The Internal Revenue Service has unveiled cost-of-living adjusted figures for retirement account savings for 2014, and there is a a bit more room for savings for the self-employed but not for wage and salary earners. Of course, everyone should learn about the changes to make sure they are making the most of their retirement savings to the extent they are able to.
SEP IRAs and Solo 401(k)s – For the self-employed and small business owners, the amount they can save in a SEP IRA or a solo 401(k) goes up from $51,000 in 2013 to $52,000 in 2014. That’s based on the amount they can contribute as an employer, as a percentage of their salary; the new compensation limit used in the savings calculation is $260,000, up from $255,000.
Defined Benefit Plans – The limitation on the annual benefit of a defined benefit plan increases from $205,000 in 2013 to $210,000 in 2014. That means that high-earning self-employed folks can stuff more into these powerful pension plans.
401(k)s – The $17,500 annual contribution limit for employees who participate in 401(k), 403(b), most 457 plans, and the federal government’s Thrift Savings Plan, remains the same for 2014 as it was for 2013.
The 401(k) Catch-Up – The $5,500 catch-up contribution limit for employees age 50 or older in these plans remains the same. Even if you don’t turn 50 until Dec. 31, 2014, you can make the additional $5,500 catch-up contribution for the year.
Inependent Retirement Accounts (IRAs) – The $5,500 limit on annual contributions to an Individual Retirement Account remains the same for 2014 as it was in 2013. The catch-up contribution limit, which is not subject to inflation adjustments, remains at $1,000.
Deductible IRA phase-outs – You can earn a little more in 2014 and get to deduct your contributions to a traditional pre-tax IRA. Note, even if you earn too much to get a deduction for contributing to an IRA, you can still contribute; it’s just non-deductible.
In 2014, the deduction for taxpayers making contributions to a traditional IRA is phased out for singles and heads of household who are covered by a employer retirement plan and have modified adjusted gross incomes (AGI) between $60,000 and $70,000, up from $59,000 and $69,000 in 2013. For married couples filing jointly, in which the spouse who makes the IRA contribution is covered by a workplace retirement plan, the income phase-out range is $96,000 to $116,000, up from $95,000 to $115,000. For an IRA contributor who is not covered by a workplace retirement plan and is married to someone who is covered, the deduction is phased out if the couple’s income is between $181,000 and $191,000, up from $178,000 and $188,000. For a married individual filing a separate return who is covered by a workplace retirement plan, the phase-out range is not subject to an annual cost-of-living adjustment and remains $0 to $10,000.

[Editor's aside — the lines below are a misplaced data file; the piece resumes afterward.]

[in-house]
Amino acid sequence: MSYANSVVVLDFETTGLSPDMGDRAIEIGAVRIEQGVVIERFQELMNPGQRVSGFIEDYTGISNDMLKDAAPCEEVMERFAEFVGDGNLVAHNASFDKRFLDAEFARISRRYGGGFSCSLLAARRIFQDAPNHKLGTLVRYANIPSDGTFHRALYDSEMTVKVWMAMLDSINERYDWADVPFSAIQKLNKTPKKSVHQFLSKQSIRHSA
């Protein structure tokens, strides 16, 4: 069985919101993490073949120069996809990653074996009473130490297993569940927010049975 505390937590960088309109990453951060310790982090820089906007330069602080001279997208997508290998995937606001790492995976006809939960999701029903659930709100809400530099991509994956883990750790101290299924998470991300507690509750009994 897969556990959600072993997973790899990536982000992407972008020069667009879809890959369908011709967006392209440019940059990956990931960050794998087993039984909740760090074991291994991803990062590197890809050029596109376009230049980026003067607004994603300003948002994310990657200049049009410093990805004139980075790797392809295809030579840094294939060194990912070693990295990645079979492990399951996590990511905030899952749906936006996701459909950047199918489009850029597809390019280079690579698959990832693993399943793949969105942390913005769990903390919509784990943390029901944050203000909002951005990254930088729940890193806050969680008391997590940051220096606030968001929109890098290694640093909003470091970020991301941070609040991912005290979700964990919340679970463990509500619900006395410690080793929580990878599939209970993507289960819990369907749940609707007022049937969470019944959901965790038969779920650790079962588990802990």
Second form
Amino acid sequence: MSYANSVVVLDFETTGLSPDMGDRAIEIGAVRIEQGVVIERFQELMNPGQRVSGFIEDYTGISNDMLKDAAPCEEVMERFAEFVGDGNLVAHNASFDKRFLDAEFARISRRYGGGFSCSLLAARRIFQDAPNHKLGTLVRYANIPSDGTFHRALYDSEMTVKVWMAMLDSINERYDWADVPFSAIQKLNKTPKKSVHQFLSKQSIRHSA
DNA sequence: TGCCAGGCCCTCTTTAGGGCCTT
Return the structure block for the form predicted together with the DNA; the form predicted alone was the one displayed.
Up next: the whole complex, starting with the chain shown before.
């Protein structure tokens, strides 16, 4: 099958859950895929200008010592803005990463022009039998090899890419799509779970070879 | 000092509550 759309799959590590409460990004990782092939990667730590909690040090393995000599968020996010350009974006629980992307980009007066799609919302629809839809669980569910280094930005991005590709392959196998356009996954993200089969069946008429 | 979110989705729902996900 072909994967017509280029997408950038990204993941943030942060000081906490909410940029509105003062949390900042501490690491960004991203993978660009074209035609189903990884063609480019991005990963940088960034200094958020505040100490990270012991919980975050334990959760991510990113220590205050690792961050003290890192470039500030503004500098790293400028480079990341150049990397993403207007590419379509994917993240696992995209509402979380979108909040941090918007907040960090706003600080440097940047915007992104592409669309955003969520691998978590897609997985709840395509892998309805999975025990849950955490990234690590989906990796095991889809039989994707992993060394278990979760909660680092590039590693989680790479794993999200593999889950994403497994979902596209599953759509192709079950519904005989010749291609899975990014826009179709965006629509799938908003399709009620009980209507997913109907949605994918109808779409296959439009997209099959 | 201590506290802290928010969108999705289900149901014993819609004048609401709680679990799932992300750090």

Roth IRA phase-Outs – In 2014, the AGI phase-out range for taxpayers making contributions to a Roth IRA is $181,000 to $191,000 for married couples filing jointly, up from $178,000 to $188,000 in 2013. For singles and heads of household, the income phase-out range is $114,000 to $129,000, up from $112,000 to $127,000.
If you earn too much to open a Roth IRA, you can open a nondeductible IRA and convert it to a Roth IRA as Congress lifted any income restrictions for Roth IRA conversions. To learn more about the backdoor Roth, click here.
The Saver’s Credit – The AGI limit for the saver’s credit (also known as the retirement savings contribution credit) for low-and-moderate-income workers is $60,000 for married couples filing jointly, up from $59,000 in 2013; $45,000 for heads of household, up from $44,250; and $30,000 for married individuals filing separately and for singles, up from $29,500.
The SIMPLE IRA – The $12,000 limit on SIMPLE retirement accounts remains the same. The SIMPLE catch-up limit of $2,500 remains the same too.
Cost-of-living adjustments to retirement account contribution limits occur each year. We have noticed many people do not do their due diligence to keep informed on the matter and continue to contribute at the out-dated contribution levels than they should be. People who are not paying attention leave behind tax savings and the likelihood for a larger nest egg as their date of retirement nears. I should know, I used to be one of those who did not pay attention. Then I inquired into a 401k rollover where I worked one-on-one with an advisor from Regal Assets to determine the best, personalized way for me to proceed. This relationship has put the joy in and taken the mystery out of retirement planning.